As he headed into 2014, Kenny Chesney's career wasn't in need of a revival but after two successive commercial underperformers, it needed a jolt of energy, something The Big Revival provides. Abandoning the sun-bleached intimacy of Life on a Rock, Chesney cranks up the volume on The Big Revival, but it's not so much that the record is loud; rather, it's blazingly bright, crisp, and clean, from its singalong party tunes to its ballads. One of those ballads, "Wild Child," features Grace Potter, the singer who helped take "You and Tequila" high on the charts in 2011, her presence a subtle reminder that Chesney's biggest new millennial hits have been slow songs. Despite this apparent strength, the singer doesn't spend much time in the slow lane on The Big Revival. Most of the record clips along at a brisk pace, often spending time churning out reliable arena-filling anthems, but the record sounds so open that even the deliberate numbers feel expansive. This shift in attitude is entirely reliant on Chesney and his longtime producer Buddy Cannon's decision to supplement their regular stable of songwriters -- Shane McAnally and Rodney Clawson each have multiple credits -- with a few new writers, just enough to give this record a bit of thematic freshness to complement its sound. Chesney remains a bit of a romantic with a fondness for drinking songs, but there are passing references to Bonnaroo and Burning Man while the lead single, "American Kids," offers a snapshot of how life is lived in 2014. These scattered allusions help Chesney seem like a modern man, even as he faces the start of his third decade as a country star, while the sly slickness The Big Revival also feels contemporary: far from chasing the bro-country wagon, Chesney overhauls his core strengths, winding up with his best record in years.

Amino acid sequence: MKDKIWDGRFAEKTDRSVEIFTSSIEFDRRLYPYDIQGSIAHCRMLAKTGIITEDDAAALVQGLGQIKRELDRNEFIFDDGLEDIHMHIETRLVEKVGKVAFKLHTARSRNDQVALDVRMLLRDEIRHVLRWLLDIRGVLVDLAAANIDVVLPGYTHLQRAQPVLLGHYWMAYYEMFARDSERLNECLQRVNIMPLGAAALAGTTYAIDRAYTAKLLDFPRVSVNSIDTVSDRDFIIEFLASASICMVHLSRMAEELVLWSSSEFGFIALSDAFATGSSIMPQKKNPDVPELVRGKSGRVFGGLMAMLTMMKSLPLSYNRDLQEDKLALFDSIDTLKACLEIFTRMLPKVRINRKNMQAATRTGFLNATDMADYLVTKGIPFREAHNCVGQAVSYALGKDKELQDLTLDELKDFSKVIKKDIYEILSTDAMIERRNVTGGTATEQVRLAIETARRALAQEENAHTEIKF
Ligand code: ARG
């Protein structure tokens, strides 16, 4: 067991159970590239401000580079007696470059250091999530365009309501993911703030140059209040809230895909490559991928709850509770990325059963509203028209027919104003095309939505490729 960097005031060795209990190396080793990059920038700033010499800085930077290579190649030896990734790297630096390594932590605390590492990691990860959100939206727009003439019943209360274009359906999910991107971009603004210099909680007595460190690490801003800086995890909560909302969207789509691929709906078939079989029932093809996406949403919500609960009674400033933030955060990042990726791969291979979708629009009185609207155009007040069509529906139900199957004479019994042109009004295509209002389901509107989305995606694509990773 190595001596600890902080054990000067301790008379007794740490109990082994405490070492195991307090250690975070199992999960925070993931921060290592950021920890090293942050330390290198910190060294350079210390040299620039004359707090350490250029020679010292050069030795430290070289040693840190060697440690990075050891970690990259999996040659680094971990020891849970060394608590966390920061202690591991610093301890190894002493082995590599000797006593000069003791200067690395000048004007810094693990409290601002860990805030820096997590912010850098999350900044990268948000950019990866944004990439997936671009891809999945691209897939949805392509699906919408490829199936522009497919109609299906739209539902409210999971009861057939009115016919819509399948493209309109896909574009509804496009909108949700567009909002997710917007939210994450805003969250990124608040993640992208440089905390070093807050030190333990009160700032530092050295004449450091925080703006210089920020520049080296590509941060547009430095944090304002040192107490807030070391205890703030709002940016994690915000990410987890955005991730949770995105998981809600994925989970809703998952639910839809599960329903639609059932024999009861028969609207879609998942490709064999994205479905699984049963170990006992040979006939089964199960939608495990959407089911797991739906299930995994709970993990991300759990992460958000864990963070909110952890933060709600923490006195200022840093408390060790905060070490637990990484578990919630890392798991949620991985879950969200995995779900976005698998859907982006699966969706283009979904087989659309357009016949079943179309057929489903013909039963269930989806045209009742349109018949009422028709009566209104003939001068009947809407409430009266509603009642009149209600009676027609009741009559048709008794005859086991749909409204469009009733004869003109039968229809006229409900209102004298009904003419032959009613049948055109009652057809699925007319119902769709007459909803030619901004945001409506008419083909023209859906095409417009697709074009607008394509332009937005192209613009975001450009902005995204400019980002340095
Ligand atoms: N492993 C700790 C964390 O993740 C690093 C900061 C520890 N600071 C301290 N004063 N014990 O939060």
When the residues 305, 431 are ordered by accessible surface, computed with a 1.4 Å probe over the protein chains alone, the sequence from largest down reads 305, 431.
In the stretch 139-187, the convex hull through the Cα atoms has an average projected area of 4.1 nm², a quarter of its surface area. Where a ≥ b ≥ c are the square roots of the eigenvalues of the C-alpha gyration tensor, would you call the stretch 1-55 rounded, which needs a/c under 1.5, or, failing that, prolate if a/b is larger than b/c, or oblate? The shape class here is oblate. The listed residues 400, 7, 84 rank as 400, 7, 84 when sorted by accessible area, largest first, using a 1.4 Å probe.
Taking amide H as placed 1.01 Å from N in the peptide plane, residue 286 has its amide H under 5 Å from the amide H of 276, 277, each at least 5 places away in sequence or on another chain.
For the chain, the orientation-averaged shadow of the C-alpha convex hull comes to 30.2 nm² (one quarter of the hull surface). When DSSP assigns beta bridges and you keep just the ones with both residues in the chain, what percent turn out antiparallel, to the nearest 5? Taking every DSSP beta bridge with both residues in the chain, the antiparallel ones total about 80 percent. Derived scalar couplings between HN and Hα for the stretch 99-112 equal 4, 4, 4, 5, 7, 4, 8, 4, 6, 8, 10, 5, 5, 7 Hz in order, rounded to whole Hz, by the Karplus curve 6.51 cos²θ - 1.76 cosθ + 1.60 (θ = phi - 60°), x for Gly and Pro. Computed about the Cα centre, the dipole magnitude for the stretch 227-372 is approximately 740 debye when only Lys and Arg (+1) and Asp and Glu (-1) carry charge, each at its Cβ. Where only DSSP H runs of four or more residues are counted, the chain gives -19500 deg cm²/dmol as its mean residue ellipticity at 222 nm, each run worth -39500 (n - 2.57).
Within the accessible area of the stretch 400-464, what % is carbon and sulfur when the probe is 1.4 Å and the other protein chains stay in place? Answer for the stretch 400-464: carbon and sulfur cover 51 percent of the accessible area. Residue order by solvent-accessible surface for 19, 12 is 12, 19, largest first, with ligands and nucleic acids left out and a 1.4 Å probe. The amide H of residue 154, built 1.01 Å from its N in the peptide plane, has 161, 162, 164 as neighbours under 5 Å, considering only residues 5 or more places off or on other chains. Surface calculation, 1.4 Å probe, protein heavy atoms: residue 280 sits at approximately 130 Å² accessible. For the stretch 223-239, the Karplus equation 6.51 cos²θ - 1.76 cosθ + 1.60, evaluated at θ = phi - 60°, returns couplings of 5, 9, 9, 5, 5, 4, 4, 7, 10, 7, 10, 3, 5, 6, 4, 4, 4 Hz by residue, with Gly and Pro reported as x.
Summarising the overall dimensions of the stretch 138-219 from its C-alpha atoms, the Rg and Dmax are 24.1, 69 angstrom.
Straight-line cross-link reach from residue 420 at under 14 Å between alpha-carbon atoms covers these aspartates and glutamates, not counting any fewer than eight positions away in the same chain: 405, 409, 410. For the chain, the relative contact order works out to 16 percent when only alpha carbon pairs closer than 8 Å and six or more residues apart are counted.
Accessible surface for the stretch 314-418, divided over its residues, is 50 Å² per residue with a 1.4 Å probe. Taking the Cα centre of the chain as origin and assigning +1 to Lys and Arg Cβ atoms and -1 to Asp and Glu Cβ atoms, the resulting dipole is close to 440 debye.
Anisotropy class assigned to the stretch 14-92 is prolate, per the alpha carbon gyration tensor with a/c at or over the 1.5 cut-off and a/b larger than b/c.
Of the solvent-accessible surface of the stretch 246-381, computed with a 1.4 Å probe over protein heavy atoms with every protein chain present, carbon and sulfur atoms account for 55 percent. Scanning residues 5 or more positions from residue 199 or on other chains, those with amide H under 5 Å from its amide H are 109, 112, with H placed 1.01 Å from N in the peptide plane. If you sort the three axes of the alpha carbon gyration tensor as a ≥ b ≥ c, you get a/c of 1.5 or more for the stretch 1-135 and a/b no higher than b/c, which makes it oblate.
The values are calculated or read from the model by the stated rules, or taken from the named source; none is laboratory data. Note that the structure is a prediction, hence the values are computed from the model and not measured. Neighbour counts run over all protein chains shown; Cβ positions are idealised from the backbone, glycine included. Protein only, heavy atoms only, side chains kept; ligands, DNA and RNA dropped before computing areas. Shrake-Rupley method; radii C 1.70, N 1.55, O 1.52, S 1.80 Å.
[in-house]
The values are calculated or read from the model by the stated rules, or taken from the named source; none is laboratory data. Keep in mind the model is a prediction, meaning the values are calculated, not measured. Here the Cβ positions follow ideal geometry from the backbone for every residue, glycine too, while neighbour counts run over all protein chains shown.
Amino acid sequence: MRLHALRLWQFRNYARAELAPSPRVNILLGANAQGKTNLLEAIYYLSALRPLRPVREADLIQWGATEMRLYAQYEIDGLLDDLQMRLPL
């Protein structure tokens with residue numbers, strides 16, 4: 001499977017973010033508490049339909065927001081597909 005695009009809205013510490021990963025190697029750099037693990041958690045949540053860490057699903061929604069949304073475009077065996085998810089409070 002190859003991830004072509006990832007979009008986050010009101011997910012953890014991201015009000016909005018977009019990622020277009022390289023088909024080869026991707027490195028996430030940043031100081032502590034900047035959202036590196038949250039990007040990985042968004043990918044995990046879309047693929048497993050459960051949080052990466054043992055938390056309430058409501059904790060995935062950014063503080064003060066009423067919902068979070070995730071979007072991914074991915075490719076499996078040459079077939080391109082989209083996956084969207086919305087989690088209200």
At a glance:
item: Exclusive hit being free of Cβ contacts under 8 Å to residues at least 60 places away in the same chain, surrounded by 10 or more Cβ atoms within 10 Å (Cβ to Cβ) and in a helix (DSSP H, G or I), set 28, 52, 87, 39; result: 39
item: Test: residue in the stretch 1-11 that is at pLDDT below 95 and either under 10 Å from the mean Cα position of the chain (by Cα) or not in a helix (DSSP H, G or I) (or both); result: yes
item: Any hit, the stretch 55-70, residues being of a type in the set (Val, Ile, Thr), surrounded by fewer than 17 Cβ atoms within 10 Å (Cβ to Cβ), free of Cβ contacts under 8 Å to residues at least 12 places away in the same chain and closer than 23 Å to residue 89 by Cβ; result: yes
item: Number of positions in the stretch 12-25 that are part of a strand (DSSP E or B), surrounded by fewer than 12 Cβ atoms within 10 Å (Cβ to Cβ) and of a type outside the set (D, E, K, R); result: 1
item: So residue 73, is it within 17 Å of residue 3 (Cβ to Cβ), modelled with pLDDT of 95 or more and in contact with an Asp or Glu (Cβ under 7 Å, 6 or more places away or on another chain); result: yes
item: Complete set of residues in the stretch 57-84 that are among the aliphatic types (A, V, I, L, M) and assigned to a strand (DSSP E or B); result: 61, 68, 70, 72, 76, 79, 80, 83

The Big Revival Review
by Stephen Thomas Erlewine